Dangers of Smoking with Diabetes

Medically Reviewed By William C. Lloyd III, MD, FACS
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By now, it’s very likely you’ve heard of the dangers of smoking. And while smoking isn’t good for anyone, it’s particularly harmful if you live with diabetes. Smoking increases the risk of diabetic complications significantly and can make diabetes much harder to manage. Fortunately, quitting smoking can help lessen these risks and lead to better overall health.

Learning more about the effect of smoking on diabetes may be just enough to inspire you to quit. Making a quitting plan, getting support from friends and family, and working with your doctor all boost your chances of quitting for good. That way, you can focus on managing diabetes and staying as healthy as possible.

How Smoking Affects Diabetes

Diabetes occurs when your body can’t use insulin properly. Insulin, a hormone, allows all cells throughout your body to absorb glucose, or sugar, to use for energy. If you have diabetes, cells can’t absorb glucose, and it builds up in your bloodstream. Eventually, this buildup damages your blood vessels and nerves, leading to serious complications like cardiovascular disease, kidney disease, and other problems like infections.

Smoking also damages many of the same tissues and organs in your body, including your heart, blood vessels, and lungs. And it makes diabetes much harder to manage. High levels of nicotine, the addictive chemical in cigarettes, further prevent your body from making enough insulin. Also, smoking makes insulin less effective—and if you already have diabetes, this may mean that your treatment, such as insulin shots, don’t work as well as they should.

While diabetes itself increases your risk of serious complications, smoking boosts this risk even higher. If you live with diabetes and smoke, you are much more likely to experience:

  • Circulation problems: Certain substances in cigarettes have been linked to inflammation. Over time, persistent inflammation can lead to a condition known as atherosclerosis, which occurs when fats and other substances build up on the inside of blood vessels. This buildup may make it more difficult for blood to flow through a blood vessel. Long-term poor blood flow in the legs and feet are especially dangerous. In many cases, circulation problems lead to hard-to-treat infections and ulcers, which increase the likelihood of amputation of parts of the body.
  • Heart and kidney disease: According to research, smoking increases your likelihood of coronary heart disease by 54%. Also, you’re 52% more likely to have a heart attack. And circulation problems may cause additional damage to your kidneys, making them less effective at filtering waste products out of your blood.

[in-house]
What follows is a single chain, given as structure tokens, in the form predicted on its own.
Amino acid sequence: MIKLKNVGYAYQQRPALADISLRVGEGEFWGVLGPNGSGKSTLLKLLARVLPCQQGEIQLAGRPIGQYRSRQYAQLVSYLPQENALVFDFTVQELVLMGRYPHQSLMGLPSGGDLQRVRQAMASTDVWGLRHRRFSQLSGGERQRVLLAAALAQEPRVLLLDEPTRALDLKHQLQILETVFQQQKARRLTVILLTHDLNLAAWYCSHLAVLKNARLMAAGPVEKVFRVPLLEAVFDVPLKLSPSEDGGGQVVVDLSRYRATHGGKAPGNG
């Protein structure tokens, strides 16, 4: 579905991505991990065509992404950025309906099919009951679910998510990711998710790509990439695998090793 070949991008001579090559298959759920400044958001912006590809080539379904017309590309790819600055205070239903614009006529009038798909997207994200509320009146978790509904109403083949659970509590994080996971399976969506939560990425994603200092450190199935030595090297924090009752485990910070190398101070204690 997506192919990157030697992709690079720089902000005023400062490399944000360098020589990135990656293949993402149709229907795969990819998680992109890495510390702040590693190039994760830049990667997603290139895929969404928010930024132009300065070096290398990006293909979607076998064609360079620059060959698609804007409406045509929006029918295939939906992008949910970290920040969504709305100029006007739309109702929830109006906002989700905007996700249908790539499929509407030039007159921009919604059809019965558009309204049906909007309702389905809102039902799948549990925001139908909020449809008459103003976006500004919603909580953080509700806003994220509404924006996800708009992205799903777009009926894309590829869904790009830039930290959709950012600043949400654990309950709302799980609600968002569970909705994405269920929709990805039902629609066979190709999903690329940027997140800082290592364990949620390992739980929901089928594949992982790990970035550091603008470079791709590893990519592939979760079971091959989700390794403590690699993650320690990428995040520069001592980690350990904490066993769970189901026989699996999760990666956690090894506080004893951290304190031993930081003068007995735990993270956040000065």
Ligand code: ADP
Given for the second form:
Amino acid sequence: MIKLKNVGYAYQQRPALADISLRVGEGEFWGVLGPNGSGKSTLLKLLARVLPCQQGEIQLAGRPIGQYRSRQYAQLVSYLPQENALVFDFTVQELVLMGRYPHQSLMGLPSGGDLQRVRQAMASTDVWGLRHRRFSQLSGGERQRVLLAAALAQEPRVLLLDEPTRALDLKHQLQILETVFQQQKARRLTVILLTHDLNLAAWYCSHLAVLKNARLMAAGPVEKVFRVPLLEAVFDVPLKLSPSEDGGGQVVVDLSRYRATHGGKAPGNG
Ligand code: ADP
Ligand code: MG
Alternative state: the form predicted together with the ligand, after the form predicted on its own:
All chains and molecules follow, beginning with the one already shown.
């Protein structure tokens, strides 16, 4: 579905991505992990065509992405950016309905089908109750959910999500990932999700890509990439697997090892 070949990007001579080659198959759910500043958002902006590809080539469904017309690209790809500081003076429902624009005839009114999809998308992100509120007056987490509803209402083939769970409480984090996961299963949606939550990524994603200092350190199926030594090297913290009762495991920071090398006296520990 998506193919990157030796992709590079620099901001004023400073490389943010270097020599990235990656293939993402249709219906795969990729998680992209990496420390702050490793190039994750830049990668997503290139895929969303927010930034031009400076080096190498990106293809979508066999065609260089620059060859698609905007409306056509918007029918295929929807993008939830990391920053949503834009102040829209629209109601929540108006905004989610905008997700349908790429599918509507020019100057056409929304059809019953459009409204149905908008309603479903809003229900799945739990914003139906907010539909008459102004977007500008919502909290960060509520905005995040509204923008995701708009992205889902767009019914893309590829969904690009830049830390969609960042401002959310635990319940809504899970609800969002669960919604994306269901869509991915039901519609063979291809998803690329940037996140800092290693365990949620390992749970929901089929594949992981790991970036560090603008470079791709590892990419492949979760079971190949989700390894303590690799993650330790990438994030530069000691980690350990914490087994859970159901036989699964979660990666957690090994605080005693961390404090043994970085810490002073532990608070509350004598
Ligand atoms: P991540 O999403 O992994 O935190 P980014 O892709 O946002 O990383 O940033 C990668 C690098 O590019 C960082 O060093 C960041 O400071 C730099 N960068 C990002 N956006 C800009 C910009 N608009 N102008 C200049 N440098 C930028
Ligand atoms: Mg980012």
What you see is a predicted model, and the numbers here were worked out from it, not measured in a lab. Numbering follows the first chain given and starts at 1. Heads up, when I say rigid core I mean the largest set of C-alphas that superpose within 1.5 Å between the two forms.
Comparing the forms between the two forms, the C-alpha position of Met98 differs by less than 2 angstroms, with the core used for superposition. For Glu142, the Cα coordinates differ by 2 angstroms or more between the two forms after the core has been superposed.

• Neuropathy: If blood vessels are damaged and can’t deliver blood effectively, nerves throughout your body may also become damaged. This may lead to numbness, pain, and weakness in affected areas.
  • Retinopathy: Blood vessels that deliver oxygen and nutrients to the eyes can also become damaged. Over time, this may lead to complete vision loss.

Getting Help to Quit

Quitting smoking is hard, but doing so can dramatically improve your health and lessen your risk for diabetic complications. Quitting can reduce your risk of death from diabetic complications by as much as 30%, and it can also help to slow or stop problems like kidney disease. To successfully quit smoking, try:

  • Setting a quit date and writing down your reasons for quitting
  • Telling friends and family about your intent to quit
  • Throwing cigarettes, lighters, and ashtrays away
  • Using a quitting strategy, such as going cold turkey or using nicotine patches, gums, or sprays, to help you avoid smoking
  • Working with your doctor and taking prescribed medication to lessen cravings

It may be easier to quit smoking when your life is calm and your stress levels are low. Also, it can be tremendously helpful to ask others for their help—a strong support system can truly make the difference between quitting and continuing to smoke. You can use any combination of these steps to help you quit for good.

Quitting is the best way to improve your health and better manage your diabetes so your risk for severe complications is reduced. If you’ve made a plan but still have trouble stopping smoking, ask your doctor for help. There’s no shame in getting all the support you can to stop smoking, especially since there are so many health benefits to doing so.

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Medical Reviewer: William C. Lloyd III, MD, FACS
Last Review Date: 2022 Oct 22
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THIS TOOL DOES NOT PROVIDE MEDICAL ADVICE. It is intended for informational purposes only. It is not a substitute for professional medical advice, diagnosis or treatment. Never ignore professional medical advice in seeking treatment because of something you have read on the site. If you think you may have a medical emergency, immediately call your doctor or dial 911.
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